Investigations into the suitability of the Tirohia site for the proposed Kaimai Wind Farm began in 2005 although CEO Glenn Starr admits research into the ideal site began many years earlier.
“The need to generate power from environmentally sustainable sources is a concept most Kiwis embrace but this is often accompanied by a desire for the sources of that generation to be out of sight.
“However, the reality is that while there are lots of remote locations in New Zealand, they are mostly constrained by their remoteness from the national grid and transport routes. To be viable, wind farms in New Zealand need to be of moderate scale (to fit into the demand gap in the market) and be close to roads and grid; they obviously also need to be sited where there is an excellent wind resource.”
Glenn Starr said the three privately owned properties which are the site of the proposed wind farm have the right topography, adjacency to the national grid and have the potential wind strength and consistency.
“In 2005 we erected a 20m tall monitoring mast on the site to measure wind strength. Initial results supported the erection of two further monitoring masts (50m and 60m tall). Data received over the intervening years has confirmed the site has the wind strength and consistency needed for a viable wind farm.
“The site of the proposed farm adjoins DOC forest park land which has significant bush cover that provides habitat to indigenous bats and birds. There are also scattered bush remnants on the site property which have the potential to provide some habitat. To gain an informed understanding of the ecology, acoustic receivers were installed in several locations in 2007 to measure resident populations and movement. More than a decade on we have a pretty comprehensive set of information on bird and bat numbers and movement – data which has helped us in the placement of the proposed turbines and in developing mitigations to minimize impact.”
Glenn Starr said a range of investigations have taken place over the last decade to test the suitability of the site, including slope stability, landscape and wind.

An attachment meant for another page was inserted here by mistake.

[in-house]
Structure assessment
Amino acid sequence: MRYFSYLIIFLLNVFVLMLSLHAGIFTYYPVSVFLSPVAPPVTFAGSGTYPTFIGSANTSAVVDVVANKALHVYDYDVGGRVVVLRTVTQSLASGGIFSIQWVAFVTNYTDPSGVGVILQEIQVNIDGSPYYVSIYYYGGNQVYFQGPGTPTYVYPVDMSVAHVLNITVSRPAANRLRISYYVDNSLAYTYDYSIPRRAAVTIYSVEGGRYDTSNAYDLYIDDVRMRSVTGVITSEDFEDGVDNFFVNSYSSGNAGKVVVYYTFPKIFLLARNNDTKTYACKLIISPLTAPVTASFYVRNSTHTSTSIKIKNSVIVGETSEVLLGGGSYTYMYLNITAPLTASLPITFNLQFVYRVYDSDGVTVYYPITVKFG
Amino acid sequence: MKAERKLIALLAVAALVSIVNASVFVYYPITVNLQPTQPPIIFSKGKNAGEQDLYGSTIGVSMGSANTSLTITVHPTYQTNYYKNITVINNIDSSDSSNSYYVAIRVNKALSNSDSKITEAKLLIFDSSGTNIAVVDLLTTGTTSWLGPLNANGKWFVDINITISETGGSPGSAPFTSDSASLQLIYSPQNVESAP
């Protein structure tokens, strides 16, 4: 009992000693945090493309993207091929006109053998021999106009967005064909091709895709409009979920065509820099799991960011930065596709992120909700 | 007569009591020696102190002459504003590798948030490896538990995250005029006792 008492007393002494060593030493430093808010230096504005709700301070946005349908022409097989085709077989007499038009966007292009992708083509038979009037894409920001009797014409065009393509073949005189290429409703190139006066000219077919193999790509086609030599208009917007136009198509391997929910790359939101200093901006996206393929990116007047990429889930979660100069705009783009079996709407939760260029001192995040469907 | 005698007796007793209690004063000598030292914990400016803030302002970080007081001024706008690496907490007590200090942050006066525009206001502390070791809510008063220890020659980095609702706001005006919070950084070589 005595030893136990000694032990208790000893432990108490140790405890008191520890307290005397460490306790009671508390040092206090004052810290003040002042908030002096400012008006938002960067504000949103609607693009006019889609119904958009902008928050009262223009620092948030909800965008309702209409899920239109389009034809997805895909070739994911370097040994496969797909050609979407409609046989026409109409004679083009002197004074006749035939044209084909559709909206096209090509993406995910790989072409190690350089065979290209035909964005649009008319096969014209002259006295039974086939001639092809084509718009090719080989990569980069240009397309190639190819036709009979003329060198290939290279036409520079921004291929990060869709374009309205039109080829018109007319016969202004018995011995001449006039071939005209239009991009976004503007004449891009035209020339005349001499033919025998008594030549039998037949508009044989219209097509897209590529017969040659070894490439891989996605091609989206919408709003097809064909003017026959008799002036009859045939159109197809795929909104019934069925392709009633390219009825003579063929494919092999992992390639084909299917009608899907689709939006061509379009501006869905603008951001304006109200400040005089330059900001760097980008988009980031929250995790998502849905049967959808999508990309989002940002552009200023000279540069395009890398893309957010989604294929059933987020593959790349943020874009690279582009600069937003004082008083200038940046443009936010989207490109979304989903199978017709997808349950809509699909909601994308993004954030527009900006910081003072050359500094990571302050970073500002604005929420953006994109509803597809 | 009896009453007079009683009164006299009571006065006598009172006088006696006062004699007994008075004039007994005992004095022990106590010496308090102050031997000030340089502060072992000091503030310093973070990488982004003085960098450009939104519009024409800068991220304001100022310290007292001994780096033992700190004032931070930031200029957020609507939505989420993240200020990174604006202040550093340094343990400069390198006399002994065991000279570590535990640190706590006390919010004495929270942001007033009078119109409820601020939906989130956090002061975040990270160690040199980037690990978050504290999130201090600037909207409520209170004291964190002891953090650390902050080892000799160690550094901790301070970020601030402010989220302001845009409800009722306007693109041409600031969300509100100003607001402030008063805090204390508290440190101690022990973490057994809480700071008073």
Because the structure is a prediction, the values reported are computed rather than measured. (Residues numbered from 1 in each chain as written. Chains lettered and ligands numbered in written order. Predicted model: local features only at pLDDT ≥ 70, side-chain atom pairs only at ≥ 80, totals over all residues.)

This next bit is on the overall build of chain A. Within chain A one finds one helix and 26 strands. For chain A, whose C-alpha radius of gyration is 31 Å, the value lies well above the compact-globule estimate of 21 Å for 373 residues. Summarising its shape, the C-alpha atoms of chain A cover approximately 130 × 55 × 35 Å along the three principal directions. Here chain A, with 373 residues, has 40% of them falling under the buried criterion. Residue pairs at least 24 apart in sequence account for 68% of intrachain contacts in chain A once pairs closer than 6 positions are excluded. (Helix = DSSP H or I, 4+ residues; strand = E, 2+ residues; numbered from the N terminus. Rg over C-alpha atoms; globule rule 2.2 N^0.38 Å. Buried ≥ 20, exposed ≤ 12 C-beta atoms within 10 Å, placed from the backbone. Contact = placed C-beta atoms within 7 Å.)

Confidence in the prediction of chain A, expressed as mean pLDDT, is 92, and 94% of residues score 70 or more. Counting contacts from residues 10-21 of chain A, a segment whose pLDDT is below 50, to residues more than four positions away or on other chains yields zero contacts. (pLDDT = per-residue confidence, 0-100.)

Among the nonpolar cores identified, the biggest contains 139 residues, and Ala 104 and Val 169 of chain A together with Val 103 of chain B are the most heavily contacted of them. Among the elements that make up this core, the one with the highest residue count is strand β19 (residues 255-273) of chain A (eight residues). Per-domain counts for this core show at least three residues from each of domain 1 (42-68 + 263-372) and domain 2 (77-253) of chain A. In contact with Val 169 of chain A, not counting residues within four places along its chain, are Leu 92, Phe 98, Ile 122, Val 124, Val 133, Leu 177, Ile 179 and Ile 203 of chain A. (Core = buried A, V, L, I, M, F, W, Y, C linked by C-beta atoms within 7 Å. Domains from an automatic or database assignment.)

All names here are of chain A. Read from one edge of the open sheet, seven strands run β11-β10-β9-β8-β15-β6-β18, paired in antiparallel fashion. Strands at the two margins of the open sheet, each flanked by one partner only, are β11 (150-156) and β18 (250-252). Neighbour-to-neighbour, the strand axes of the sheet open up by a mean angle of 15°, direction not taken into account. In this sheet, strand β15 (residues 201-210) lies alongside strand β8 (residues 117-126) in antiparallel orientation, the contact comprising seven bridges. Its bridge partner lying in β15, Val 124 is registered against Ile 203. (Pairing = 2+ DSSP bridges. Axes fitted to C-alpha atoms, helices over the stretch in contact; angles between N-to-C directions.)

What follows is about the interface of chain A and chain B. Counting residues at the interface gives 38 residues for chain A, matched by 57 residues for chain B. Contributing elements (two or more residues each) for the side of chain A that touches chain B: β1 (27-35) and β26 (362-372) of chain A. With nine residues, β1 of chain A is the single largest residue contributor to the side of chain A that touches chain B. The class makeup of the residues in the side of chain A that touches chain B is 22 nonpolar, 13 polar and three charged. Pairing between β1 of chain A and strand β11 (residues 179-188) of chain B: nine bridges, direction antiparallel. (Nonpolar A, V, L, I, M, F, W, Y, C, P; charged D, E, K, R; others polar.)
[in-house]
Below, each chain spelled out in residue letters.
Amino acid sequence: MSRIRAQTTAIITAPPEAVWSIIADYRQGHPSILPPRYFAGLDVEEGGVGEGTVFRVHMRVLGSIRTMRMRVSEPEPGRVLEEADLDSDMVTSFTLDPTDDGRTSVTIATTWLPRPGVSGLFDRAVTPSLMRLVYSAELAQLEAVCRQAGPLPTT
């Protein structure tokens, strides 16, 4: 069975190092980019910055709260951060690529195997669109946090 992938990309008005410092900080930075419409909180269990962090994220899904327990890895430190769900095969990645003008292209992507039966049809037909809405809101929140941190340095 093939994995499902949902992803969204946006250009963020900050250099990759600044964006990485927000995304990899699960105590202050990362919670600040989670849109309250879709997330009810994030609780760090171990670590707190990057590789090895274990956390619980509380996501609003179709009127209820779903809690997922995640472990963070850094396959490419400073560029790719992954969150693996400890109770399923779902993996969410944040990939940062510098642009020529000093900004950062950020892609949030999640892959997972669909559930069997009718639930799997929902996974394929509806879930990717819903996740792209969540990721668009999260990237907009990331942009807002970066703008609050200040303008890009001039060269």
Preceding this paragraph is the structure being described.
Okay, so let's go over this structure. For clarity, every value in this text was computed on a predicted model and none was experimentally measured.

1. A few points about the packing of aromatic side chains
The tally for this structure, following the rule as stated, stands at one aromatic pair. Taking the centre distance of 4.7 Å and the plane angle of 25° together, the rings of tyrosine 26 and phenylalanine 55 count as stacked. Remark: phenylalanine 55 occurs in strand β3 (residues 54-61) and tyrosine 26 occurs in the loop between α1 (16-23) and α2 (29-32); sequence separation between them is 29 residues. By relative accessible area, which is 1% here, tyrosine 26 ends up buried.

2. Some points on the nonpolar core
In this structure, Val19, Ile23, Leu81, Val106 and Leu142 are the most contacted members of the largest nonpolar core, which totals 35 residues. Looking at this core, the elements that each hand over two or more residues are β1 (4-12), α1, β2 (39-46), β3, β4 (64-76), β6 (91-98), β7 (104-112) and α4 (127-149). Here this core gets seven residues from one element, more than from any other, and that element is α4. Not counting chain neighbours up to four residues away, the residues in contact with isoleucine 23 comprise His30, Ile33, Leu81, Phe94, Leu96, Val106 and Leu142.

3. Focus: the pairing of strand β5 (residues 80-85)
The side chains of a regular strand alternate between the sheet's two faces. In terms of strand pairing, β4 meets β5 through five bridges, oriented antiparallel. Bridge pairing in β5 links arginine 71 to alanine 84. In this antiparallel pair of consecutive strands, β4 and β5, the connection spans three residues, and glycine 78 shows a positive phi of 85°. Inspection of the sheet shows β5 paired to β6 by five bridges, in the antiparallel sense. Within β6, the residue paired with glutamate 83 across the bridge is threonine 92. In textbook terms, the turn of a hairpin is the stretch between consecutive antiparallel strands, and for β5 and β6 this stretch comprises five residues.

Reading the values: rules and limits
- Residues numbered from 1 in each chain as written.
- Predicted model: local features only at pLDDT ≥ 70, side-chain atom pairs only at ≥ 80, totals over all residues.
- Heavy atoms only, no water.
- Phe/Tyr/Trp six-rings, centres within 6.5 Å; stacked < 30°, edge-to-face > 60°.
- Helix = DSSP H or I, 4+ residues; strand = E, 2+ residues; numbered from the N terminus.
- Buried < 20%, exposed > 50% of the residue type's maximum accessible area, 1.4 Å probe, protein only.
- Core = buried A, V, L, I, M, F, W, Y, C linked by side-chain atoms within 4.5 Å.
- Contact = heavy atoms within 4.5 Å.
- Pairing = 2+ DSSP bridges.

“All of these insights have enabled us to tailor the proposal to the environment. For example, the original proposal was for around 60 small turbines but technological advances in turbine design, combined with indepth knowledge of the site, has enabled us to come up with a design concept which will, hopefully, see 24 turbines generate power – enough for around 50,000 homes.”
Glenn Starr said all of the research conducted to test the suitability of the site is now public and can be accessed on the Hauraki District Council website.
“Our application for consent to construct and operate the wind farm has been lodged with the Hauraki District and Waikato Regional Councils with a Hearing, hopefully, later this year.
“In the meantime, we will continue to work with the wider Paeroa community to understand and, hopefully, alleviate any concerns.
“The proposed Kaimai Wind Farm aligns with the Government’s plan for a renewable, sustainable energy for all New Zealanders.”
Kaimai Wind Farm Ltd has lodged resource consent applications with Hauraki District Council and Waikato Regional Council for consent to establish and operate a 24 turbine wind farm on the northern reaches of the Kaimai Ranges at Tirohia (south of Paeroa).
The resource consent application to the Hauraki District Council seeks consent to all land-use activities associated with the construction and operation of the proposed wind farm.
The application site covers 771 and 604 Rotokohu Road and 6356 SH26 (1304 hectares).
The proposed turbines, which are of two different sizes, have a hub height of 110m and 130m. Each turbine has three rotors measuring 146m and 160m respectively. The total height of the turbines, when measured from the base to the tips, equates to 180m and 207m respectively.
Proposed associated structures include a substation, two lattice transmission towers, two overhead lines, and 18.9km of roading – all within the application site.
Earthworks will include 900,000m3 of cut material and 113,500m3 of engineered fill.
It is estimated that 53,000m3 of finishing aggregate will be needed for the on-site roads. This is proposed to be obtained from roading excavations and one on-site quarry.
The main site access is proposed to be from the south- from Wright Road, which comes off Rawhiti Road – the turbine parts are proposed to be transported from Tauranga, through Matamata-Piako District to the site. All other construction and materials transport traffic is also proposed to access the site from Wright Road.
The resource consent application to the Waikato Regional Council seeks consent to specific aspects of land use – removal of vegetation, earthworks, to permit the discharge of surplus soil and surface water associated with the construction phase of the project and culvert upgrades.